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Ovarian cancer has the highest mortality rate amongst all gynecologic malignancies. A major role in its initiation and progression is played by DNA damage, mostly caused by oxidative stress. The presented study was designed to determine whether oxidative stress plays an important role in ovarian malignancy. Serum malondialdehyde (MDA) was measured as an indicator of lipid peroxidation and antioxidant status was assessed by estimating serum vitamin E and erythrocyte superoxide dismutase (SOD) levels. Finally, the status of antioxidants and lipid peroxidation was correlated with the pathophysiology of ovarian cancer. The study comprised of thirty age-matched controls and sixty ovarian cancer patients - thirty patients of stage II and thirty of stage IV, all selected by transvaginal sonography and confirmed by histopathological examination. The results reveal that serum MDA levels were increased, while serum vitamin E and erythrocyte SOD levels decreased, as the disease progressed from stage II to IV. These results suggest that the increased serum MDA levels indicate oxidative stress which may cause DNA damage which is one of the causative factors for cancer. Low levels of vitamin E and SOD could be due to the increased utilization of these antioxidants in scavenging the lipid peroxides, production of which overrides the antioxidant defense leading to increased MDA in serum.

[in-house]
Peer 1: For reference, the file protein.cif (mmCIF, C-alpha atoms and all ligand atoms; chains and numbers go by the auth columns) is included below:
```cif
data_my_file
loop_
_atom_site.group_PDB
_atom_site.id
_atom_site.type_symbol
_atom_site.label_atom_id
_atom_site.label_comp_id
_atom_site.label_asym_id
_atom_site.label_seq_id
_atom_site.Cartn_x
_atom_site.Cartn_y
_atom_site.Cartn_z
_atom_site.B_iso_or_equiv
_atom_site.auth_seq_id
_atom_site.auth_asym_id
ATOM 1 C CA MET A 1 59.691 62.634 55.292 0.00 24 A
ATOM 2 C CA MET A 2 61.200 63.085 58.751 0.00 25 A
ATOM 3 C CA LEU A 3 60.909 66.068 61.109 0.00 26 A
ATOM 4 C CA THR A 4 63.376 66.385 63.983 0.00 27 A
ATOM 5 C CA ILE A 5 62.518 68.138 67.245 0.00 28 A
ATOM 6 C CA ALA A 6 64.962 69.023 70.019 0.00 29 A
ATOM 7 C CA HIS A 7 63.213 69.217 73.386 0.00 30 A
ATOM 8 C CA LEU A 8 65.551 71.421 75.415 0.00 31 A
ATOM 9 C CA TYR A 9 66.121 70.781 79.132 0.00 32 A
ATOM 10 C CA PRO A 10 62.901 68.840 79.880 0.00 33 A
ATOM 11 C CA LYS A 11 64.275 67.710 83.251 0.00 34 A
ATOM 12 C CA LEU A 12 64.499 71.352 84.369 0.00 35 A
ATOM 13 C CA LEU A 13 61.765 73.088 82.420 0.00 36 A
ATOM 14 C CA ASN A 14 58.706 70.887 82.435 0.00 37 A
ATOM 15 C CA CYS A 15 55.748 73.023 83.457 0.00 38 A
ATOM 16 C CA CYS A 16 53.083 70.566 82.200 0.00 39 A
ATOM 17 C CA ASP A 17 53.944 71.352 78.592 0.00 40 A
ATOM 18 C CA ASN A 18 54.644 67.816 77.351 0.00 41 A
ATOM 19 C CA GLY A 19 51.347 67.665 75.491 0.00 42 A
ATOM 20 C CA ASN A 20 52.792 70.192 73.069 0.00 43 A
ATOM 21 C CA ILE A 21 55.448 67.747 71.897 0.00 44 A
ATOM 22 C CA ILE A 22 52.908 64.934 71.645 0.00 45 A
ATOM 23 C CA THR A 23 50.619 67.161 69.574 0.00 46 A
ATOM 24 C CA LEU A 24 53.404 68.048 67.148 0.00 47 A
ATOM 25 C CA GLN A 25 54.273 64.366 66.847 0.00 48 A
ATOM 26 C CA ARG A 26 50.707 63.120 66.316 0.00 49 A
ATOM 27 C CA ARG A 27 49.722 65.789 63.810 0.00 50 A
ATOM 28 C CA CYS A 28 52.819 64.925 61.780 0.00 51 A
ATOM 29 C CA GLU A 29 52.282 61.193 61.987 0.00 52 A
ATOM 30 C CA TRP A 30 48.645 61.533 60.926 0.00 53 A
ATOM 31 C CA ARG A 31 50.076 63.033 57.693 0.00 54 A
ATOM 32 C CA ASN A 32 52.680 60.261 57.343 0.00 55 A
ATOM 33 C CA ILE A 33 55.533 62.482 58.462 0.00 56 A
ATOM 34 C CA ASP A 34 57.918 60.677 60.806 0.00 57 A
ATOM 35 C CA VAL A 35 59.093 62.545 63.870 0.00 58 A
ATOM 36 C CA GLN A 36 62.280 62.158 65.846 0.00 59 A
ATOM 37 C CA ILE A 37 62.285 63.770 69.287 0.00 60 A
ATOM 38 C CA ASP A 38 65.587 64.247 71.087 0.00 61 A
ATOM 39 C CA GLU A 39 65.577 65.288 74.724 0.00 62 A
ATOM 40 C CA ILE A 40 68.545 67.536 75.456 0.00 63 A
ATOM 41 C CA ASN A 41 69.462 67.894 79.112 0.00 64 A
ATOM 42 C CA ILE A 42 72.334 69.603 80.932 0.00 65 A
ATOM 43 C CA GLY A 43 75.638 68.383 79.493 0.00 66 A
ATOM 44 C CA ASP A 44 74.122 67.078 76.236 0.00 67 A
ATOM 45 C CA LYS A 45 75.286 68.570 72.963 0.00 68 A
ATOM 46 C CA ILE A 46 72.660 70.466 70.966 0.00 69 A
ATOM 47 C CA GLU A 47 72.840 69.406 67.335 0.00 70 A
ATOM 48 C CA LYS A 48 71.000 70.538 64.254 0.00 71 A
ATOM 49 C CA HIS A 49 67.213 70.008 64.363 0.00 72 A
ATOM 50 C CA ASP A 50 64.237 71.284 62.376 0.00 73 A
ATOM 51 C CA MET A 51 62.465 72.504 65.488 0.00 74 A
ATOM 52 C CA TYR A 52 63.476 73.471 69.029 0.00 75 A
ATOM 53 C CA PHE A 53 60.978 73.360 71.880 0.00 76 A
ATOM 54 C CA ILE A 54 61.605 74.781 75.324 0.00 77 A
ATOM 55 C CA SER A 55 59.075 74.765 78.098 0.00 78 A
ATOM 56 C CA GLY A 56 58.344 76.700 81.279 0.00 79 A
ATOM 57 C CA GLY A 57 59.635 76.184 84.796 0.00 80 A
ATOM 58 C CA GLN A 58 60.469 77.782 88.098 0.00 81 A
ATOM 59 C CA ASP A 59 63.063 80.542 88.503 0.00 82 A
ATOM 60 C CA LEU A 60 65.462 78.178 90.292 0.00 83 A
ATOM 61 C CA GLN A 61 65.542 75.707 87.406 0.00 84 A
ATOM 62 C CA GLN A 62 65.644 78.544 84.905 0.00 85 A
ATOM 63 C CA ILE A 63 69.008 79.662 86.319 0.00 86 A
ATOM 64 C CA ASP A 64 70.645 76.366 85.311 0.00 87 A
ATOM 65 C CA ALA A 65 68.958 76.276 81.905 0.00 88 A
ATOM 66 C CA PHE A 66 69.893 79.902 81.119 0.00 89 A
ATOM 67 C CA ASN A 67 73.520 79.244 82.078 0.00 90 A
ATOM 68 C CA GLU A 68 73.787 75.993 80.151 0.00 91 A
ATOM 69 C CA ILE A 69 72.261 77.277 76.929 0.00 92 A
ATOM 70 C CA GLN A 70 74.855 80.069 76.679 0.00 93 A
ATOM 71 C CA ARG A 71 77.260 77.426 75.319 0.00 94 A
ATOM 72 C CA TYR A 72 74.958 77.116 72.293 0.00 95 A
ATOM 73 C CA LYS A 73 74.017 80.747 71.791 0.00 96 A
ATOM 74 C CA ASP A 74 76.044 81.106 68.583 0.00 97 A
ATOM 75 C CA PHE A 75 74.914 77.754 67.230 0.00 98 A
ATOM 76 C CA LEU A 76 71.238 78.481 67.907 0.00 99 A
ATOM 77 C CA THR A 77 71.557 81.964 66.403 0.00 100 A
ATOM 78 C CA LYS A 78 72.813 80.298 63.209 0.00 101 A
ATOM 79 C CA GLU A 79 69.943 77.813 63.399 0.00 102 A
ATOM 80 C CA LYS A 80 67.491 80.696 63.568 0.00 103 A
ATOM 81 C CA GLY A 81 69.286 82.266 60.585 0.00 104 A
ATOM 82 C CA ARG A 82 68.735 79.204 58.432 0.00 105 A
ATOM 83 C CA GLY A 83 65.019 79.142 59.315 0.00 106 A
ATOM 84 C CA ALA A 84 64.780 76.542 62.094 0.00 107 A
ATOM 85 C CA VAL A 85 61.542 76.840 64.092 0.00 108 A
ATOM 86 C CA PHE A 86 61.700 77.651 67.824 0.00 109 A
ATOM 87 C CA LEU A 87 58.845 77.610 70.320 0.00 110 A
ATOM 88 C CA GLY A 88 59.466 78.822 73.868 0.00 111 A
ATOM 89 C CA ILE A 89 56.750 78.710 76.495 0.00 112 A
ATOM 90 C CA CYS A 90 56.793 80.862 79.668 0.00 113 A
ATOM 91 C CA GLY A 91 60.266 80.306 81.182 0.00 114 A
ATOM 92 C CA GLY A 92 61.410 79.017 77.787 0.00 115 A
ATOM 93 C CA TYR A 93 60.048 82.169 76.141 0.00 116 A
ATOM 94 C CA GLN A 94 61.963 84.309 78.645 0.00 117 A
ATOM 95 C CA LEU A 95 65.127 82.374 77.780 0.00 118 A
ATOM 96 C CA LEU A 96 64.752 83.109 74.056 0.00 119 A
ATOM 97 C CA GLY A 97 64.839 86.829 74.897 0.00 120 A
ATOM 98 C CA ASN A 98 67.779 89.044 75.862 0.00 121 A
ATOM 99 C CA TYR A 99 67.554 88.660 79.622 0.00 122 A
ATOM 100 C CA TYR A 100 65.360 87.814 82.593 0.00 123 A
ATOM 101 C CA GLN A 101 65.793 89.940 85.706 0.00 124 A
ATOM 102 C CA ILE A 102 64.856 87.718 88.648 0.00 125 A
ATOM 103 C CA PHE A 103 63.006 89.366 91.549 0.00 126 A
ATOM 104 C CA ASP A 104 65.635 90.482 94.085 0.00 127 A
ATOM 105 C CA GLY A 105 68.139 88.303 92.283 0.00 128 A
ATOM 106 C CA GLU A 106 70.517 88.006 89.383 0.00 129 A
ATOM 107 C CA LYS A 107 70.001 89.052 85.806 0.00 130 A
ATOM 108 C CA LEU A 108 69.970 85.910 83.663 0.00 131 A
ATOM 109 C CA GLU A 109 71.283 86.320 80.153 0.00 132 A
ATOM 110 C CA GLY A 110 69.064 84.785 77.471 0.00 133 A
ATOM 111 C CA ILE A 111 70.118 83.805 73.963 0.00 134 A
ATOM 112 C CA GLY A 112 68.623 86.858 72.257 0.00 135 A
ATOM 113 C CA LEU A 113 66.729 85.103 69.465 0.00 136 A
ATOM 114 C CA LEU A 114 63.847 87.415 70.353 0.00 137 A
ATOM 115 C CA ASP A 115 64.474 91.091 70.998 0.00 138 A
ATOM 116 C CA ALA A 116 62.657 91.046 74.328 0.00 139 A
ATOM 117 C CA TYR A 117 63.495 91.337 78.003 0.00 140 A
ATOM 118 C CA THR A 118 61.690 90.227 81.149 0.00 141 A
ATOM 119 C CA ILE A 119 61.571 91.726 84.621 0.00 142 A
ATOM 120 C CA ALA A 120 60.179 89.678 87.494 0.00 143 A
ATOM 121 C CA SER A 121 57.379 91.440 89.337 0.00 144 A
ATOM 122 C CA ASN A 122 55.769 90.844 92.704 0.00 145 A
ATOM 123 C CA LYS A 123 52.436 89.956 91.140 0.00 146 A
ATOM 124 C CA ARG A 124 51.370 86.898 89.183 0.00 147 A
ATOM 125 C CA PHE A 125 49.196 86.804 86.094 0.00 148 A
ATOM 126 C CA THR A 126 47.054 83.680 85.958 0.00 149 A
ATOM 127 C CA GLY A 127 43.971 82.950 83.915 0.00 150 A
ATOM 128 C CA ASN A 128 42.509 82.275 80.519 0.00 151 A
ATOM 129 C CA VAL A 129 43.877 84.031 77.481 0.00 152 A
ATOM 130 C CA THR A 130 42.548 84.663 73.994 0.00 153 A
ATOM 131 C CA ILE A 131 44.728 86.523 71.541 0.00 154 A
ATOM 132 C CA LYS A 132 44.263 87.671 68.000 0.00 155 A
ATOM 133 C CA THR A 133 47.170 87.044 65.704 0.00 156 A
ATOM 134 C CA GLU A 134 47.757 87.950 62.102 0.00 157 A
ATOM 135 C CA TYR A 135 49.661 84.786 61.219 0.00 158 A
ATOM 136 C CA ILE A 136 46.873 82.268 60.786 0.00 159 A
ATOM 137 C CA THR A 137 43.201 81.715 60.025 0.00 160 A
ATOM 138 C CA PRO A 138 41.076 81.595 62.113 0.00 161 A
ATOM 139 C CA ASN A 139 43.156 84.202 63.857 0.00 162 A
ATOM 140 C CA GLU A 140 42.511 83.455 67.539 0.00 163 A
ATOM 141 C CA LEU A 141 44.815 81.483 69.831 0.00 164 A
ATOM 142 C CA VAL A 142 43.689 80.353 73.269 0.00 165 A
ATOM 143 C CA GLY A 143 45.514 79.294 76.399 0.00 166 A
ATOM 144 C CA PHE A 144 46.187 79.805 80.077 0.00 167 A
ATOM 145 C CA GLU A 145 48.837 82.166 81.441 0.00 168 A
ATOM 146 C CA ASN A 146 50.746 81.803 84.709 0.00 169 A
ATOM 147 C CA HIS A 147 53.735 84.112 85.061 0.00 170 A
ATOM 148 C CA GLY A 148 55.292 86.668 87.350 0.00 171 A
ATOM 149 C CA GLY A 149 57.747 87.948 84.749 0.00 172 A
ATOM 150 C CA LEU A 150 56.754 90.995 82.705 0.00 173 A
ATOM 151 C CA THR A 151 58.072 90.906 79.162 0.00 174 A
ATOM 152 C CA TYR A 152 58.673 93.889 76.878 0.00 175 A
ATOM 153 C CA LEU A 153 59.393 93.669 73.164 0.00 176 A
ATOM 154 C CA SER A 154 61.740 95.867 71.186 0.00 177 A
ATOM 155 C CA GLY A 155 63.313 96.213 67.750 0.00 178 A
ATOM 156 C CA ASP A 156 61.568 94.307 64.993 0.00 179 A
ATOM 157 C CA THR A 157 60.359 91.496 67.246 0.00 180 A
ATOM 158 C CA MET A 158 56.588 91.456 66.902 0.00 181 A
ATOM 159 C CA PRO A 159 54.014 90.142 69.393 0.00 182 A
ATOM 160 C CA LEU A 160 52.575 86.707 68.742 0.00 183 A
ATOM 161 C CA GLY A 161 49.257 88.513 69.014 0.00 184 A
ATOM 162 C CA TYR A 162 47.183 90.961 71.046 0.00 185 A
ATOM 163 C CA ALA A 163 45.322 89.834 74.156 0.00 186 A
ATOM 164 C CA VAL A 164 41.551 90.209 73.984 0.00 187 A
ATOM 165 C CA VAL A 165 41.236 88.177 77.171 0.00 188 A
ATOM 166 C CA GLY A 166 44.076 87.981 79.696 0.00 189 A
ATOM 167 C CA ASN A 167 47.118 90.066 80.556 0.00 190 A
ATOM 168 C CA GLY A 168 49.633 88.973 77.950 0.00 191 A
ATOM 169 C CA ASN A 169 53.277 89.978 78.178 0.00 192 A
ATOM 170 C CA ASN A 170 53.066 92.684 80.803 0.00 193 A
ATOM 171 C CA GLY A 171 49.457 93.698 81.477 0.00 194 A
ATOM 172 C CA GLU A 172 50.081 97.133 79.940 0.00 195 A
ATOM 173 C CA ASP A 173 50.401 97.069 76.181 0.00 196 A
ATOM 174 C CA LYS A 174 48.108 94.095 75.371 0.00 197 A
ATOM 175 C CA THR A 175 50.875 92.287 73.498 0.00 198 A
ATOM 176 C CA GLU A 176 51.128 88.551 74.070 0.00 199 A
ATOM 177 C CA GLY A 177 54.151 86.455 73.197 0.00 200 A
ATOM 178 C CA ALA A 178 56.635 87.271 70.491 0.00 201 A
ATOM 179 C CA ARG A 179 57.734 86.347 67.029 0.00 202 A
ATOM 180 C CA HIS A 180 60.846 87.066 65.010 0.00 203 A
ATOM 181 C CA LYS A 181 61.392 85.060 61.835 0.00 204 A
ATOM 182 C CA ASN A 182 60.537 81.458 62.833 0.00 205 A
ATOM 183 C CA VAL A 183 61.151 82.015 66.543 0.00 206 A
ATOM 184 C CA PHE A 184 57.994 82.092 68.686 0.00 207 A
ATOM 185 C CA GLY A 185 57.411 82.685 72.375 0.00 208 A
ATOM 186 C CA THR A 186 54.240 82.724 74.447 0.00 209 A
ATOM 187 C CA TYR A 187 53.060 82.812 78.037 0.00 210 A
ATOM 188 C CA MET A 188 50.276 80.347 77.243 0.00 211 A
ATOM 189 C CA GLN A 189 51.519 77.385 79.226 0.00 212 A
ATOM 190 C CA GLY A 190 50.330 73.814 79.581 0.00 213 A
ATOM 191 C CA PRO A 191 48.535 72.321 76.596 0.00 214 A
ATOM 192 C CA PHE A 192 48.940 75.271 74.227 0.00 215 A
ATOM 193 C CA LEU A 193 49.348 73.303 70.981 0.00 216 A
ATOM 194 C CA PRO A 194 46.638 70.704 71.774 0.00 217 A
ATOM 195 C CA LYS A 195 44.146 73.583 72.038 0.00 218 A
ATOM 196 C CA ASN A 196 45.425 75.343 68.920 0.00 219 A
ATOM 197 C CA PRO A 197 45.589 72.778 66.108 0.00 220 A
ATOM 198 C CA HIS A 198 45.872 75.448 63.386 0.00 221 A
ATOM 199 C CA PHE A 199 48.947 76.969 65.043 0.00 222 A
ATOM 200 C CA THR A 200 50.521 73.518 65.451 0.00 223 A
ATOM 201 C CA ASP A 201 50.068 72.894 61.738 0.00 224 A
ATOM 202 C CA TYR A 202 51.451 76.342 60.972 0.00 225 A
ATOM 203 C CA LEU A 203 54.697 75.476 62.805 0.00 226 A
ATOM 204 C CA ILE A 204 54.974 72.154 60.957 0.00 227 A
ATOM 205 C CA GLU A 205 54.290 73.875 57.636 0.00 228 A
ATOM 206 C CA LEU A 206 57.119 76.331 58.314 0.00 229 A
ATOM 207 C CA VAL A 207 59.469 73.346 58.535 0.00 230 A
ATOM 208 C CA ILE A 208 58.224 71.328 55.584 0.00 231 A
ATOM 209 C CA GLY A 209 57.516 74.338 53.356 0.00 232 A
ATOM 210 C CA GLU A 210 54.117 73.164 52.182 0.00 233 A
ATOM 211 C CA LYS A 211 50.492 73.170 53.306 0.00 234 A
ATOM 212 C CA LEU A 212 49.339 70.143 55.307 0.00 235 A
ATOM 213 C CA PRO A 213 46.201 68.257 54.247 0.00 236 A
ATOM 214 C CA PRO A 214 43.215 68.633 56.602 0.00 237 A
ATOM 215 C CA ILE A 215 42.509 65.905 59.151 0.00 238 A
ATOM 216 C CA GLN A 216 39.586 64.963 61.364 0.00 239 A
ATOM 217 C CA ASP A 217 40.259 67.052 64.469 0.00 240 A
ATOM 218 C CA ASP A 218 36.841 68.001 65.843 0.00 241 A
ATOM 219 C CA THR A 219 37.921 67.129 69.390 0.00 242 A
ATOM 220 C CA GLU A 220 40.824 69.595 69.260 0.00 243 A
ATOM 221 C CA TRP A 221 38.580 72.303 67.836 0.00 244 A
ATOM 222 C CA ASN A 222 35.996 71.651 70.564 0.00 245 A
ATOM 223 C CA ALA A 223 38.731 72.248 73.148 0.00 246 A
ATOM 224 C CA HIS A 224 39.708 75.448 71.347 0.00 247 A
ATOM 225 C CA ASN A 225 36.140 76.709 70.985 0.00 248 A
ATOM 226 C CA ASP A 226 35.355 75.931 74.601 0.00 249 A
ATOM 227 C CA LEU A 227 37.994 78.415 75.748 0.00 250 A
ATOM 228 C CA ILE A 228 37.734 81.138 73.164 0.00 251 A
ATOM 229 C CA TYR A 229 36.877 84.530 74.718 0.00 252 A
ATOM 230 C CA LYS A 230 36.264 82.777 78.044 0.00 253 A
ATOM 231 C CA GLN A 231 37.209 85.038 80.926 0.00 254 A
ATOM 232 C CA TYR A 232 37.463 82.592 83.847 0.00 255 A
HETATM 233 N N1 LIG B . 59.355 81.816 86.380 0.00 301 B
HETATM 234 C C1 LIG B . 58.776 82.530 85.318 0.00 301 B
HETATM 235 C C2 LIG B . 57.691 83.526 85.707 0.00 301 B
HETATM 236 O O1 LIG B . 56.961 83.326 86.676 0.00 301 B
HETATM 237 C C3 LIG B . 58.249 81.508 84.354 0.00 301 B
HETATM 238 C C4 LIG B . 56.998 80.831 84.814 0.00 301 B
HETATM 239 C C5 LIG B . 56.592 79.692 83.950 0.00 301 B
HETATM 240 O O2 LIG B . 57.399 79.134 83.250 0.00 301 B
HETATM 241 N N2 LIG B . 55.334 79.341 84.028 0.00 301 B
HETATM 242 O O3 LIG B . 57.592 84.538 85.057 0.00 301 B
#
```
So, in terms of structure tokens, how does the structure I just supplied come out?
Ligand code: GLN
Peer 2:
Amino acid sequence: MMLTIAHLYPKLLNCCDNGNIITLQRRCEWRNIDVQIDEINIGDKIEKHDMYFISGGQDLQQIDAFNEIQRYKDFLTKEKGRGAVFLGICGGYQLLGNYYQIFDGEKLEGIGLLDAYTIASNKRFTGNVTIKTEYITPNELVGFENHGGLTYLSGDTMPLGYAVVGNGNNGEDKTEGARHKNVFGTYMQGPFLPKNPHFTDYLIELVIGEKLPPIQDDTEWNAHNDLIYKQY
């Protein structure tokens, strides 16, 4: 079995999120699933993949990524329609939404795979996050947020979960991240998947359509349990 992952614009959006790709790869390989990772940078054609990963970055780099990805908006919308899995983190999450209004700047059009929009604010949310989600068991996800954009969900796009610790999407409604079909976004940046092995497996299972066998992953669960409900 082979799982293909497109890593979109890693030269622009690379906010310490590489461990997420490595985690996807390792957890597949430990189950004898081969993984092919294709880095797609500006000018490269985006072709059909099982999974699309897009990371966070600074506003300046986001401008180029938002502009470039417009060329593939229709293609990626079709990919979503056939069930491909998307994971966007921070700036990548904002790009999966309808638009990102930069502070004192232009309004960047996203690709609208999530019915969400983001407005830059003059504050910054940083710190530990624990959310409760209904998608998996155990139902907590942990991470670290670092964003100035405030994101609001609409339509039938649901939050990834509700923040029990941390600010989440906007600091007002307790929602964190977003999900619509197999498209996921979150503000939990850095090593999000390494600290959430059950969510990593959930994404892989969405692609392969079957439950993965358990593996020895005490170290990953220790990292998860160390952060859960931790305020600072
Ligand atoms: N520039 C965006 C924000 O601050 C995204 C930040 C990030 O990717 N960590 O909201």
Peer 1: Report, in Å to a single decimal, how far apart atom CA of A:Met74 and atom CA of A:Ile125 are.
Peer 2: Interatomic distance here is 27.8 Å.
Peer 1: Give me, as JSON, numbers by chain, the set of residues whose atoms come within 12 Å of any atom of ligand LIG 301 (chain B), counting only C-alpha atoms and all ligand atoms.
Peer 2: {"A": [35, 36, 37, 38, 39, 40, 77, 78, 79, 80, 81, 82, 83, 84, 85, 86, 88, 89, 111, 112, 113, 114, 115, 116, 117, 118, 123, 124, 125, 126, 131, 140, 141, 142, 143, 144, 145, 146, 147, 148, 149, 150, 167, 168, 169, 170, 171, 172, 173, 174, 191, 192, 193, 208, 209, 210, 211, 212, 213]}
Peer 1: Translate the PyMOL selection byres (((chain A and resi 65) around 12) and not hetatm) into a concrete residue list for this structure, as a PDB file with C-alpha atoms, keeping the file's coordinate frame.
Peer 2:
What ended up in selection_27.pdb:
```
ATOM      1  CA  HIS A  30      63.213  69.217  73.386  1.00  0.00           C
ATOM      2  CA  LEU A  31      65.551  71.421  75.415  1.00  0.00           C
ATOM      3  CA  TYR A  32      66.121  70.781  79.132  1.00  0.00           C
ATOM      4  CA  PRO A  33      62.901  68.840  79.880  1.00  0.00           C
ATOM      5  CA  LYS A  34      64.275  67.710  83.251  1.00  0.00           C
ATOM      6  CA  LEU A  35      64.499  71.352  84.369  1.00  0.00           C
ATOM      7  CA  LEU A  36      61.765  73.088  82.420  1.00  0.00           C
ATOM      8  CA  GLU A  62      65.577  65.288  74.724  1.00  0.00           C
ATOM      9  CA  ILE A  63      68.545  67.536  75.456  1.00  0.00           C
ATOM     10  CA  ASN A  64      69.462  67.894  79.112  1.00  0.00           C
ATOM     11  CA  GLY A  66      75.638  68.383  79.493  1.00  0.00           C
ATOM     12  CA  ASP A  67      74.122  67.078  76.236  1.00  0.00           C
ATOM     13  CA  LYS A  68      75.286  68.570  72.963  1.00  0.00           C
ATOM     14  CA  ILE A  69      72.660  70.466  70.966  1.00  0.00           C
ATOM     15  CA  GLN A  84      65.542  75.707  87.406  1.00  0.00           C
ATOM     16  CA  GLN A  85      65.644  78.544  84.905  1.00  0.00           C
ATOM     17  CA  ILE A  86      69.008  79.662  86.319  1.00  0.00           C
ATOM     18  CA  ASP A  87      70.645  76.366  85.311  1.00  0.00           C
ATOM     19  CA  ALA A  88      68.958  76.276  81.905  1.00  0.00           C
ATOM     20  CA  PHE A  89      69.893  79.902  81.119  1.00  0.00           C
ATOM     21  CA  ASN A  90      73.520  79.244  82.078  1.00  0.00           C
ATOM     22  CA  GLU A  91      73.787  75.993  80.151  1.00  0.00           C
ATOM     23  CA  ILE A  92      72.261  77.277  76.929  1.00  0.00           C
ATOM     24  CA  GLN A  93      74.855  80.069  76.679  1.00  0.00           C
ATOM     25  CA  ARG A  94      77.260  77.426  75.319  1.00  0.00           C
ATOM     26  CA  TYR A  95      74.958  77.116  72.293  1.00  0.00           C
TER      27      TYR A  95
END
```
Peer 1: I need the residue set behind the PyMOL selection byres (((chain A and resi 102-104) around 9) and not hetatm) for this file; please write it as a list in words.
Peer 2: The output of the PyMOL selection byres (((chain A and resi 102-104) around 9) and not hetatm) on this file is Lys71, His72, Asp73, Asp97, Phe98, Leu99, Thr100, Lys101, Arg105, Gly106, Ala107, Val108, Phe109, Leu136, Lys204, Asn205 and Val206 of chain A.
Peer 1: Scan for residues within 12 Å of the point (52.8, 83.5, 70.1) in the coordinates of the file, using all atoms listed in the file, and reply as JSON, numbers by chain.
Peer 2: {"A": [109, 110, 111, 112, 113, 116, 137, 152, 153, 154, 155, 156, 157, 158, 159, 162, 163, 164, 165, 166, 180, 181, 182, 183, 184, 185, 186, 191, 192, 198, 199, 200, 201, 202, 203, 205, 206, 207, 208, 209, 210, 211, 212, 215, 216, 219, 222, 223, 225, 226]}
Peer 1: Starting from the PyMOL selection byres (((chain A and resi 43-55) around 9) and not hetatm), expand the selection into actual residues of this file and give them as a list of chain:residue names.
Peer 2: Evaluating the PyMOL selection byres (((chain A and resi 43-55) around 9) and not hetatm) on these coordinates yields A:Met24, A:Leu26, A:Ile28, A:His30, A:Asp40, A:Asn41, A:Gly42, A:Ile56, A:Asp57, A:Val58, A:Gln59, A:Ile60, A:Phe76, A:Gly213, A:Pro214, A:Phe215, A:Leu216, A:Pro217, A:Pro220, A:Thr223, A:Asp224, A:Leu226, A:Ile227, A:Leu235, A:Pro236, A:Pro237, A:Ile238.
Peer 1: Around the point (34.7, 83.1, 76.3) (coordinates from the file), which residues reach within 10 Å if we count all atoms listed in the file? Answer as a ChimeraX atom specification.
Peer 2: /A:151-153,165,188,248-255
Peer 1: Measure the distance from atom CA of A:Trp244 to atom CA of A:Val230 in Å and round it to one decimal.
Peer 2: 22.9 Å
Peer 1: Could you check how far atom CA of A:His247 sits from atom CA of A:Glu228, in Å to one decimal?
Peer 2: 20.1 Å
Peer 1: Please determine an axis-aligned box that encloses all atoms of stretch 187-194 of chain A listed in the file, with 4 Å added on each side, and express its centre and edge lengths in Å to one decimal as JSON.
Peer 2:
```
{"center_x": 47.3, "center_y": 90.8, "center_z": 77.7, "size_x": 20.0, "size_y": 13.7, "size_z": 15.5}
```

Ovarian cancer, oxidative stress, antioxidants, malondialdehyde (MDA), vitamin E, superoxide dismutase.